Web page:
I’ve read the amazing book The Soul of Money: Reclaiming the Wealth of Our Inner Resources by colleague and friend, Lynne Twist, countless times. I’ve purchased more than 100 copies to give as a gift to nonprofit staffs, boards, and philanthropists.
Now that a new edition was released in March, I’ll probably purchase a hundred more. I love this book.
Recently, Lynne sat down with Oprah Winfrey to talk about the Soul of Money for Oprah’s Super Soul Sunday. It’s a terrific conversation that you may want to view with your board & staff.
Using beautiful stories and poignant personal examples The Soul of Money takes us through a thorough and critical look at how we’ve given our power over to money.
Lynne asks us to take a deep look at our relationship with money as development professionals, parents, business owners, employees, and engaged community members, to identify the true purpose of money for each of us and how it connects with our own core values.
Lynne believes, as I do, that our work in the social profit sector is sacred work.
In the chapter titled: “Money is like Water,” we learn the story of Gertrude, a woman most people would call poor. This chapter provides a true example of the power of money when it is infused with purpose, integrity, and aligned with our soul.
On her way from San Francisco to Harlem, New York, Lynne stopped in Chicago to visit with the CEO of a major corporation to pick up a large check for The Hunger Project, the organization where she was working as a fundraiser.
Lynne had been told the major food corporation based in the tall, glass high-rise was guilty of some business practices that were a bit nasty and had an image problem. The corporation believed that by making a significant contribution to The Hunger Project they could start to clean up their image.
The stop to pick up the check was scheduled for the morning of the visit to Harlem. Lynne made her way to the CEO’s large office where he sat with his head down, back-lit by the sun shining through the large picture window. She could barely see his face during the meeting as he pushed the check across the desk. He clearly wanted her gone quickly. As Lynne describes it:
“I felt the guilt of the company coming right across that desk with the money.”
After the awkward meeting, Lynne hurried to the airport and made her way to New York City where she had been invited to visit. The feeling of the company’s shame stayed with Lynne through the plane ride and car ride to Harlem.
Lynne arrived in the midst of a rainstorm for the meeting located in the basement of an old church building in Harlem. She was late due to the weather, and entered the room packed with people who had heard about the work of The Hunger Project.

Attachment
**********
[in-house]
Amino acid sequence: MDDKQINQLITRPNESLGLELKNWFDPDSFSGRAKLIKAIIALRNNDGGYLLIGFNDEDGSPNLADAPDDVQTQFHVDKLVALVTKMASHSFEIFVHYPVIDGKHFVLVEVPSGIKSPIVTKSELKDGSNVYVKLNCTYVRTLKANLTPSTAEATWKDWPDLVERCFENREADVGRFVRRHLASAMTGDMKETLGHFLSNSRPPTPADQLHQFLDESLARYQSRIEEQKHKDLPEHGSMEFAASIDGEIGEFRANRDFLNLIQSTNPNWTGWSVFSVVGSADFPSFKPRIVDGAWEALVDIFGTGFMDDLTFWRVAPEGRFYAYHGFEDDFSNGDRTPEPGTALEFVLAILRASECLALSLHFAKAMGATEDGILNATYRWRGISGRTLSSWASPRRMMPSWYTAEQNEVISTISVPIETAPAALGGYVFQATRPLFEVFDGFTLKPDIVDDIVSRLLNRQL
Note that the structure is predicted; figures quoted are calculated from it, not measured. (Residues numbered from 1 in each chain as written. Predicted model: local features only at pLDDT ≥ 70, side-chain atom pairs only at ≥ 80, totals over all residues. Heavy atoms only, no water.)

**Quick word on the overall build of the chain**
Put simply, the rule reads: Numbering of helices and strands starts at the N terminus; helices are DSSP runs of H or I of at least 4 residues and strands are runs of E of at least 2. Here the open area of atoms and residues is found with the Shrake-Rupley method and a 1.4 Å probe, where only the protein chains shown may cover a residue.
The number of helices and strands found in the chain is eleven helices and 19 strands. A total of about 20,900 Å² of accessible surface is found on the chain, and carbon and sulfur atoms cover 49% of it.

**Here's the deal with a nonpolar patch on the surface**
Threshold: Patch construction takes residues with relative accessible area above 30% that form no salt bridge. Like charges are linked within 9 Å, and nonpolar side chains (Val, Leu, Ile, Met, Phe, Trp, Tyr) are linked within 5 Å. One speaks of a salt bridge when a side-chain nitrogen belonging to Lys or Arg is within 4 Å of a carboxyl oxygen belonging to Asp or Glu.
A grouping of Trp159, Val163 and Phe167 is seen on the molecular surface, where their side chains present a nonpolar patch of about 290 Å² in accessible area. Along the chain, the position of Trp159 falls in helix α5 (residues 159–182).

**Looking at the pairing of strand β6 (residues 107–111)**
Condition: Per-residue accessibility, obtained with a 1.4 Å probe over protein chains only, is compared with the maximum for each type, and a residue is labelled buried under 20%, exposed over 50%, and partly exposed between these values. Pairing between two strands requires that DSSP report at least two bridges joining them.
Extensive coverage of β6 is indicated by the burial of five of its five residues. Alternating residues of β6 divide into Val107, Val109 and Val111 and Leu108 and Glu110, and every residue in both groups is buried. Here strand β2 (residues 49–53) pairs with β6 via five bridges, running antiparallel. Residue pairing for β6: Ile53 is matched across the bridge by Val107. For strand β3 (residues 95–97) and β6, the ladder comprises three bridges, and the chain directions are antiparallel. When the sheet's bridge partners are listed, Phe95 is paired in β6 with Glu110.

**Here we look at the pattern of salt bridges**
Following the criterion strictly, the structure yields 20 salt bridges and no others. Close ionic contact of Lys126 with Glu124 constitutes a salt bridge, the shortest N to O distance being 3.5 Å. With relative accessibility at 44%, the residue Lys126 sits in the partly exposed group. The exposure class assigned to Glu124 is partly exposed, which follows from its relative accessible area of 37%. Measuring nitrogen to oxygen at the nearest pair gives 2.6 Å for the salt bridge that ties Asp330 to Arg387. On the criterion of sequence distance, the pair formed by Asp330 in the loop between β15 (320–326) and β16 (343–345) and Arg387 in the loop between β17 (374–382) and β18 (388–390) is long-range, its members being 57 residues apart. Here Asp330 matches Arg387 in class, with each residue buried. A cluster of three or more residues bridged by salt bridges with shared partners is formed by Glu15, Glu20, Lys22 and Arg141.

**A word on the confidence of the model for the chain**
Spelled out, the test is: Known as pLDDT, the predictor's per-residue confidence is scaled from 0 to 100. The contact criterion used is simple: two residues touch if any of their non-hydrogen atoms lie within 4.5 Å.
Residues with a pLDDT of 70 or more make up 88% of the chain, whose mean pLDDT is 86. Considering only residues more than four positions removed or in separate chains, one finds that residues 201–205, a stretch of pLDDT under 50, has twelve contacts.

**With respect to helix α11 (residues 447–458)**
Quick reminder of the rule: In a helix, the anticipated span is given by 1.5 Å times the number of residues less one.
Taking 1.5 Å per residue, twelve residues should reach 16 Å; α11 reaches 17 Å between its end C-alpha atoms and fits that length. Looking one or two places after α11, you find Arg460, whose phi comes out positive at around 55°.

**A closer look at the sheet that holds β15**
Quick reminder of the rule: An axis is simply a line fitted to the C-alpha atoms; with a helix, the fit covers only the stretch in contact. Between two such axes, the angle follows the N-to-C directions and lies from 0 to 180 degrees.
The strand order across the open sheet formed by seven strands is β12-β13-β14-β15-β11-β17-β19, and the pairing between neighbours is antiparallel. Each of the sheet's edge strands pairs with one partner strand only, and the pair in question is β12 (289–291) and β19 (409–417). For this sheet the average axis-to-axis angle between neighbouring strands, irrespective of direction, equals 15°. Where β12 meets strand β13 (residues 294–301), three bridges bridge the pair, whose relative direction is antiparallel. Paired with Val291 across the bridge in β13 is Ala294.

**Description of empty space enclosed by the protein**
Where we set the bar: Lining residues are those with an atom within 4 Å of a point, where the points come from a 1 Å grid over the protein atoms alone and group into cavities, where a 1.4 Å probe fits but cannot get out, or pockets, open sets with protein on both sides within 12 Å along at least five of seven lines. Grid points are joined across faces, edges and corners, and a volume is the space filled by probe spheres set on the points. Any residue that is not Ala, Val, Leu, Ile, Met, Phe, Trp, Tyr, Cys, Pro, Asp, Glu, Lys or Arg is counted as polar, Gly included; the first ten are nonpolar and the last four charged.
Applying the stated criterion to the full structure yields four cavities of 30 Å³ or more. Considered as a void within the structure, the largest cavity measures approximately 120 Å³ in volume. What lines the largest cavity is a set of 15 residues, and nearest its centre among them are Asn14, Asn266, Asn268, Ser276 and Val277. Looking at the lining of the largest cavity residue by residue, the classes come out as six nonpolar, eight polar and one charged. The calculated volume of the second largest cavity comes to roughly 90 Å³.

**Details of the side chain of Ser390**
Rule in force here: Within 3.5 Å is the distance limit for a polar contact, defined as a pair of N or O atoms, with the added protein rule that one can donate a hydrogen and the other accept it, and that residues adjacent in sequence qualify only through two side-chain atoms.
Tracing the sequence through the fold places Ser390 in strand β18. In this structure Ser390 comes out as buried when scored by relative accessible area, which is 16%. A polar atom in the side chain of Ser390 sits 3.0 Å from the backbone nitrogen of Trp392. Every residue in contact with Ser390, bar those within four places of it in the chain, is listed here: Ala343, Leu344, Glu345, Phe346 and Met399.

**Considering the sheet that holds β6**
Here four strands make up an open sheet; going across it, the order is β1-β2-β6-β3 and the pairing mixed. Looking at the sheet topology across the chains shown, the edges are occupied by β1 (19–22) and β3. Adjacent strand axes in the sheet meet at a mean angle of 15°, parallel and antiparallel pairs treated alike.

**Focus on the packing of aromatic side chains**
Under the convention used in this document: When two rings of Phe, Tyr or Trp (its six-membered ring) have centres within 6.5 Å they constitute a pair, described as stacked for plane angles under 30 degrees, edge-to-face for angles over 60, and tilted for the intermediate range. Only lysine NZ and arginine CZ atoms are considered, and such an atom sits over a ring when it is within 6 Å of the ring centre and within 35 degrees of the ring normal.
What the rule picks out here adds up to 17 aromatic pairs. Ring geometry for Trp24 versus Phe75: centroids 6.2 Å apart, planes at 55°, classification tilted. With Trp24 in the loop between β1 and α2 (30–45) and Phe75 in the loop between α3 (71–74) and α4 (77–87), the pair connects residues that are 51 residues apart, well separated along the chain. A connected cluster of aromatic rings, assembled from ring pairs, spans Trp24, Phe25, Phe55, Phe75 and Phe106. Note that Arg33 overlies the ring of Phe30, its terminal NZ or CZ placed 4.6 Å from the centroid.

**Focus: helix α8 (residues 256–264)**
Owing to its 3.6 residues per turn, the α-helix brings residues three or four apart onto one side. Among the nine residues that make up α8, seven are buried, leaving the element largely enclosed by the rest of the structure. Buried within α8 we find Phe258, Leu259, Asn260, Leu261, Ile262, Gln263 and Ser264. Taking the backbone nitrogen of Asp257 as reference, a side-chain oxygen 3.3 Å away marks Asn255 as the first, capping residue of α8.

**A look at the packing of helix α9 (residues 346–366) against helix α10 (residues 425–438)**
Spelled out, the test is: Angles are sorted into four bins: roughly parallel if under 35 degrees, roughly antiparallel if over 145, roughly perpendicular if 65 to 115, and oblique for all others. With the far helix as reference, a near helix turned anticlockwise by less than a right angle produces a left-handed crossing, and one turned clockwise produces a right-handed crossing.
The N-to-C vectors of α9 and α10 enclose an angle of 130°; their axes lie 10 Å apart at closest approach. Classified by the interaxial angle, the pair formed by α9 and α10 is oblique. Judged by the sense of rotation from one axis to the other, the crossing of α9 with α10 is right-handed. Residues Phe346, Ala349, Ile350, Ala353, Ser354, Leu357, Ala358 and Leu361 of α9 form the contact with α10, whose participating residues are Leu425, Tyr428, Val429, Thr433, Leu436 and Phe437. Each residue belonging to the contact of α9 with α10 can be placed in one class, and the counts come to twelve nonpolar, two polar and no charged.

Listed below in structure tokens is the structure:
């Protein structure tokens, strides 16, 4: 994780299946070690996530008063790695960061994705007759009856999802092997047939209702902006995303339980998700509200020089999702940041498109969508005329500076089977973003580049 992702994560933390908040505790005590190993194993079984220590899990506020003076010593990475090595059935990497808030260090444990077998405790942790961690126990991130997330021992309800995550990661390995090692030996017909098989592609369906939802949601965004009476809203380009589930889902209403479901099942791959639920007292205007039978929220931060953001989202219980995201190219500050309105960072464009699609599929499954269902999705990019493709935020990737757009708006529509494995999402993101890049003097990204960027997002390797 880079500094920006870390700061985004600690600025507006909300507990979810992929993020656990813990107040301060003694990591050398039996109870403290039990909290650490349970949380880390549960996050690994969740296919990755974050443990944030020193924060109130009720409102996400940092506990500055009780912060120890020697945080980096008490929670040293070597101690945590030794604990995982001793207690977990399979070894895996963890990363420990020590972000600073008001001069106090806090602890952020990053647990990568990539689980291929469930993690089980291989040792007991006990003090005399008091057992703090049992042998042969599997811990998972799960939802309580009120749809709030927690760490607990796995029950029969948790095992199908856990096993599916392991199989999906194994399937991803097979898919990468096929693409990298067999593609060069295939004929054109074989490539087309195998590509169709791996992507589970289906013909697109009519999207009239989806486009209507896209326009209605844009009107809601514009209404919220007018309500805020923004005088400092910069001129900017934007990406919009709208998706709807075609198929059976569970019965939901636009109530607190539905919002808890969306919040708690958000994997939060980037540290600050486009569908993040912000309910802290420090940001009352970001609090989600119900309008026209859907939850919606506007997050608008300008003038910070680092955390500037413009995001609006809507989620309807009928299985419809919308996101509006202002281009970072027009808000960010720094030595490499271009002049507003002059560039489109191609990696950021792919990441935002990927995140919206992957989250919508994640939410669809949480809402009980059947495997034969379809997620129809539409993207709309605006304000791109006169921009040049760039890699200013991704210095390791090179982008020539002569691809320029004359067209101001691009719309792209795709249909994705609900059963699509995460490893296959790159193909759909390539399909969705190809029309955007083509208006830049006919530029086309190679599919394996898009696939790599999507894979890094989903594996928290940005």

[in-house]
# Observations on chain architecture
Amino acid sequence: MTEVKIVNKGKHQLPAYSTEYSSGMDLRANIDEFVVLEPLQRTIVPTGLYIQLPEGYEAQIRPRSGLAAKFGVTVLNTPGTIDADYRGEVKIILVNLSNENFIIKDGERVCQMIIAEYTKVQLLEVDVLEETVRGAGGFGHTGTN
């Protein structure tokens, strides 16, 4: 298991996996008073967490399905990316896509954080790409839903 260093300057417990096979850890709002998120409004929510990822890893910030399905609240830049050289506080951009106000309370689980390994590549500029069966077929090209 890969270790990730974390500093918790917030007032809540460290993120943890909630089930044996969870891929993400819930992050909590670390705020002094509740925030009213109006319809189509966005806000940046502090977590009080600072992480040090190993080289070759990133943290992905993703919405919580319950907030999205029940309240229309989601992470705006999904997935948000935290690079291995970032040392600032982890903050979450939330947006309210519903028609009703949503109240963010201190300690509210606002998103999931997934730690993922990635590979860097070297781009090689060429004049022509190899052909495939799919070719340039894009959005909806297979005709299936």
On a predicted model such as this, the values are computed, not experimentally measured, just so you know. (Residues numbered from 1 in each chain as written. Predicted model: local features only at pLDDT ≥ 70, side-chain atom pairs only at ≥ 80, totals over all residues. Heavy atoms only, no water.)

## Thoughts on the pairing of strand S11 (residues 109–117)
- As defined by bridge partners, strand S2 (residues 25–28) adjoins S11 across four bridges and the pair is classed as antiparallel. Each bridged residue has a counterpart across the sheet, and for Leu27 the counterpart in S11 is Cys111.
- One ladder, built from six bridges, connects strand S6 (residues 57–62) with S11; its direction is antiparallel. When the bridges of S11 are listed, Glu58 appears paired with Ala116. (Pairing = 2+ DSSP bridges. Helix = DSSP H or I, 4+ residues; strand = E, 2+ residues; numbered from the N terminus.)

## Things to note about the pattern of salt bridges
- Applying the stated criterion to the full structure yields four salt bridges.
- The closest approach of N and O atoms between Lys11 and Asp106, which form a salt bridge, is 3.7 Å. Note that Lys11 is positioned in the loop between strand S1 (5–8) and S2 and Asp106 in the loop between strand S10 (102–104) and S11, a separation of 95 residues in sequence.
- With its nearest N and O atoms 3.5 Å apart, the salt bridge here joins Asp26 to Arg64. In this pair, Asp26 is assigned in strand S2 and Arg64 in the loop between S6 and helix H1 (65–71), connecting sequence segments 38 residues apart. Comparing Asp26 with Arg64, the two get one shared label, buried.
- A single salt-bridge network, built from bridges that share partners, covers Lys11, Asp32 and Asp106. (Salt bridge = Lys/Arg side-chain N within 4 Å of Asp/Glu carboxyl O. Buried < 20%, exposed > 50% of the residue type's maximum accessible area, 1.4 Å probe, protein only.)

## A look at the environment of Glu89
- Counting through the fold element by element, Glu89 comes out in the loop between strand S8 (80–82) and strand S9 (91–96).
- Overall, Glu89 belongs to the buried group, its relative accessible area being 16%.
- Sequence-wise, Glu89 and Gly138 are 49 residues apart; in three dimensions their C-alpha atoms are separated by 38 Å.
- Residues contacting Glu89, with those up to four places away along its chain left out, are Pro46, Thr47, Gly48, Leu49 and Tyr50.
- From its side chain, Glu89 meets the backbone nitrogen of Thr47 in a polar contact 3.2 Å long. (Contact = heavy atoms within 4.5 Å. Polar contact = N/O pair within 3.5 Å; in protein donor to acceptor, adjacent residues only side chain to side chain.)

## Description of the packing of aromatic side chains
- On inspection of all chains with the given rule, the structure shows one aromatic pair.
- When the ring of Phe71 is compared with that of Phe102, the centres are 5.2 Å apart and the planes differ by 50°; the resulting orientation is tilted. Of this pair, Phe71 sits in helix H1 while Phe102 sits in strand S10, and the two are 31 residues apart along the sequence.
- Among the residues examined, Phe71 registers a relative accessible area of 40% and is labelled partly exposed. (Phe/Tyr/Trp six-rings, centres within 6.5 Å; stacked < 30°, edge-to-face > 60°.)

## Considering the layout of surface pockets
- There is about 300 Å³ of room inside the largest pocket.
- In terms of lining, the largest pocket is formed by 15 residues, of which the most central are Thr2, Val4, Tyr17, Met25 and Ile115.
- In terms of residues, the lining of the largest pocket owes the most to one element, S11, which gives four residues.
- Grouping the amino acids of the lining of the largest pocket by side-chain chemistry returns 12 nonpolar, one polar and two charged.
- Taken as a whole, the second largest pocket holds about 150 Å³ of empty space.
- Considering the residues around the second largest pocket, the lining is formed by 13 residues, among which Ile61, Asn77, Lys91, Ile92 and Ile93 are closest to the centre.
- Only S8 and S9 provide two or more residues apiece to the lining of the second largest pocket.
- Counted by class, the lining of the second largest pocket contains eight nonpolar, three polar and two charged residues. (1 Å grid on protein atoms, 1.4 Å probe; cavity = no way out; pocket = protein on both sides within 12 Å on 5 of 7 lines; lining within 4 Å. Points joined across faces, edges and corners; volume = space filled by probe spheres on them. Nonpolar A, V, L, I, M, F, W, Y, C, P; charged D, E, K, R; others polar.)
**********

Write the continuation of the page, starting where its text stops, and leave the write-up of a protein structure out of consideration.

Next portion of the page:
They had waited patiently for Lynne’s arrival while buckets collected the rain dripping into the basement; a world apart from the gleaming bright CEO office in Chicago from earlier in the day.
Lynne made her presentation with warmth and engaging stories and then came to the part where it was time to “ask for the money.” Though the room was full of the “working poor” Lynne made her request and then waited quietly.
After a few seconds of silence, a woman near the back stood up. She was in her late 60s or early 70s with graying hair and wrinkled hands and face. She stood tall, erect, and proud and said:
“Girl, my name is Gertrude and I like what you’ve said and I like you.
Now I ain’t got no checkbook or credit cards. To me, money is a lot like water. For some folks it rushes through their lives like a raging river.
Money comes through my life like a little trickle. But I want to pass it on in a way that does the most good for the most folks.
I see it as my right and my responsibility. It’s also my joy. I have fifty dollars in my purse that I earned from doing a white woman’s wash and I want to give it to you.”
Gertrude walked up the aisle and handed Lynne her $50 cash and then many others followed. On the plane ride back to San Francisco Lynne realized that below the ones and fives in her briefcase from the folks in Harlem was the $50,000 check from the food company.
The difference was the money from Gertrude and her friends carried the energy of commitment to make a difference.
And right then, even knowing that The Hunger Project desperately needed the funding, Lynne decided to return the check to the CEO.
Fast-forward five or six years after the $50,000 contribution was returned. Lynne received a letter from the CEO. He had since retired and had received a very lucrative exit package for his work.
In his letter he shared how the return of the $50,000 was one of the most significant memories of his career.
He had enclosed a check for many times the original amount and made it clear he wanted the money to make a difference. He wanted to make a meaningful contribution to end world hunger.
I believe it is our job as development professionals to “invite the money to stop by” to make its impact before it moves on to the next place.
And when we invite financial support that is a true expression of who a person truly is, it is a gift to the giver and to the organization.
The book is an awesome read. I hope you’ll give the gift to yourself to enjoy the wisdom from The Soul of Money. You can learn more about Lynne on Facebook, and her website The Soul of Money Institute.
If you’d like to know more about how your relationship with money affects how much money you raise, view the web class replay of Asking Matters “Fundraising Masters with Lori L. Jacobwith –Talking About the Soul of Money”